To illustrate this idea, three acid ionization equations and Ka values are shown below. The ionization constants increase from first to last of the listed equations, indicating the relative acid strength increases in the order CH3CO2H < HNO2 < HSO4− :

Another measure of the strength of an acid is its percent ionization. The percent ionization of a weak acid is defined in terms of the composition of an equilibrium mixture:

where the numerator is equivalent to the concentration of the acid’s conjugate base (per stoichiometry, [A] = [H3O+]). Unlike the Ka value, the percent ionization of a weak acid varies with the initial concentration of acid, typically decreasing as concentration increases. Equilibrium calculations of the sort described later in this chapter can be used to confirm this behavior.

Just as for acids, the relative strength of a base is reflected in the magnitude of its base-ionization constant (Kb) in aqueous solutions. In solutions of the same concentration, stronger bases ionize to a greater extent, and so yield higher hydroxide ion concentrations than do weaker bases. A stronger base has a larger ionization constant than does a weaker base. For the reaction of a base, B:

the ionization constant is written as

Inspection of the data for three weak bases presented below shows the base strength increases in the order  NO2 − < CH2CO2−<NH3.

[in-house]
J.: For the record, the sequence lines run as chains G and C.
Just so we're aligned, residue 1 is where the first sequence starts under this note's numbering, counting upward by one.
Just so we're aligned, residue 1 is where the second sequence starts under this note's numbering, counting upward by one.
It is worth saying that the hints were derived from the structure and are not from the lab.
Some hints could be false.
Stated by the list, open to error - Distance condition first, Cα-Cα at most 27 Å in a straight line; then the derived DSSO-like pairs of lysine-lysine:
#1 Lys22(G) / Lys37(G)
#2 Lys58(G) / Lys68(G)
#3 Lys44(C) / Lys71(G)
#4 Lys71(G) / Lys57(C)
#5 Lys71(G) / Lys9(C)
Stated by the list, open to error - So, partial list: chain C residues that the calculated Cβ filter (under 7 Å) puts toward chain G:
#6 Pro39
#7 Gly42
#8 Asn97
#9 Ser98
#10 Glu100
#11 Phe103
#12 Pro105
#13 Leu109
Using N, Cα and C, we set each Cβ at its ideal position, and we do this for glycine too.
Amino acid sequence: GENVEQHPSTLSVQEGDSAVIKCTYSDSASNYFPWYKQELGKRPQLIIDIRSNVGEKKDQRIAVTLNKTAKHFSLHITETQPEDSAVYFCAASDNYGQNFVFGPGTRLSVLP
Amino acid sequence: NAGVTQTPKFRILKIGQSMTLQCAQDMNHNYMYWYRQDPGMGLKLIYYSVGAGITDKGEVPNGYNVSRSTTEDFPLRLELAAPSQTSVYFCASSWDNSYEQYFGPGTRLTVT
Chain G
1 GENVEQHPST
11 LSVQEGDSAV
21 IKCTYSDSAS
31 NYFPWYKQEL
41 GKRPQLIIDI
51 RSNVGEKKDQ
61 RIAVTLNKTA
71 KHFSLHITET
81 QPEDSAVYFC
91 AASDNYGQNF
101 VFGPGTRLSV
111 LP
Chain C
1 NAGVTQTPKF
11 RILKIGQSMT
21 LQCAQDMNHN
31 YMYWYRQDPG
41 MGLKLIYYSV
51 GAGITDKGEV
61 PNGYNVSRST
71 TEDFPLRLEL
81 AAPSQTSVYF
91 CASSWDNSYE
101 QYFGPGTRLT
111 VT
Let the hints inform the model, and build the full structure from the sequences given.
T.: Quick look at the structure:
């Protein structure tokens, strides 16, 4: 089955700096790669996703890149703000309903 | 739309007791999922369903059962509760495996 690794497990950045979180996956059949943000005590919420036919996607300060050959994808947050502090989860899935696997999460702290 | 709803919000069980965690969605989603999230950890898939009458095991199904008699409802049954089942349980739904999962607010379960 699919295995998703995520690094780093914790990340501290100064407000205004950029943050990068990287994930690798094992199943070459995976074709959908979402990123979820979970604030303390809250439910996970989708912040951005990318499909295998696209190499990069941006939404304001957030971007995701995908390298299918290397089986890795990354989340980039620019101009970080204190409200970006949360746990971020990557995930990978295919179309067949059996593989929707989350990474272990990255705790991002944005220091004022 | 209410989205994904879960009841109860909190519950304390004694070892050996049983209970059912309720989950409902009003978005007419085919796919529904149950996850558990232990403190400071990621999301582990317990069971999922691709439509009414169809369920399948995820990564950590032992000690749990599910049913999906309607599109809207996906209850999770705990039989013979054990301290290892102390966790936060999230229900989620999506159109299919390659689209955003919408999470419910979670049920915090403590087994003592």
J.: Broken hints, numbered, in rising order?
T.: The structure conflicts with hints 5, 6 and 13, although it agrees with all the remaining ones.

For acids, the relative strength of a base is also reflected in its percent ionization, computed as

but will vary depending on the base ionization constant and the initial concentration of the solution.


Flowers, P., Theopold, K., Langley, R., & Robinson, W. R. (2019, February 14). Chemistry 2e. Houston, Texas: OpenStax. Access for free at:


Related Research

Research Article: Ionization Constants pKa of Cardiolipin

Date Published: September 13, 2013 Publisher: Public Library of Science Author(s): Gerd Olofsson, Emma Sparr, Maria Gasset. Abstract: Cardiolipin is a phospholipid found in the inner mitochondrial membrane and in bacteria, and it is associated with many physiological functions. Cardiolipin has a dimeric structure consisting of two phosphatidyl residues connected by a glycerol bridge … Continue reading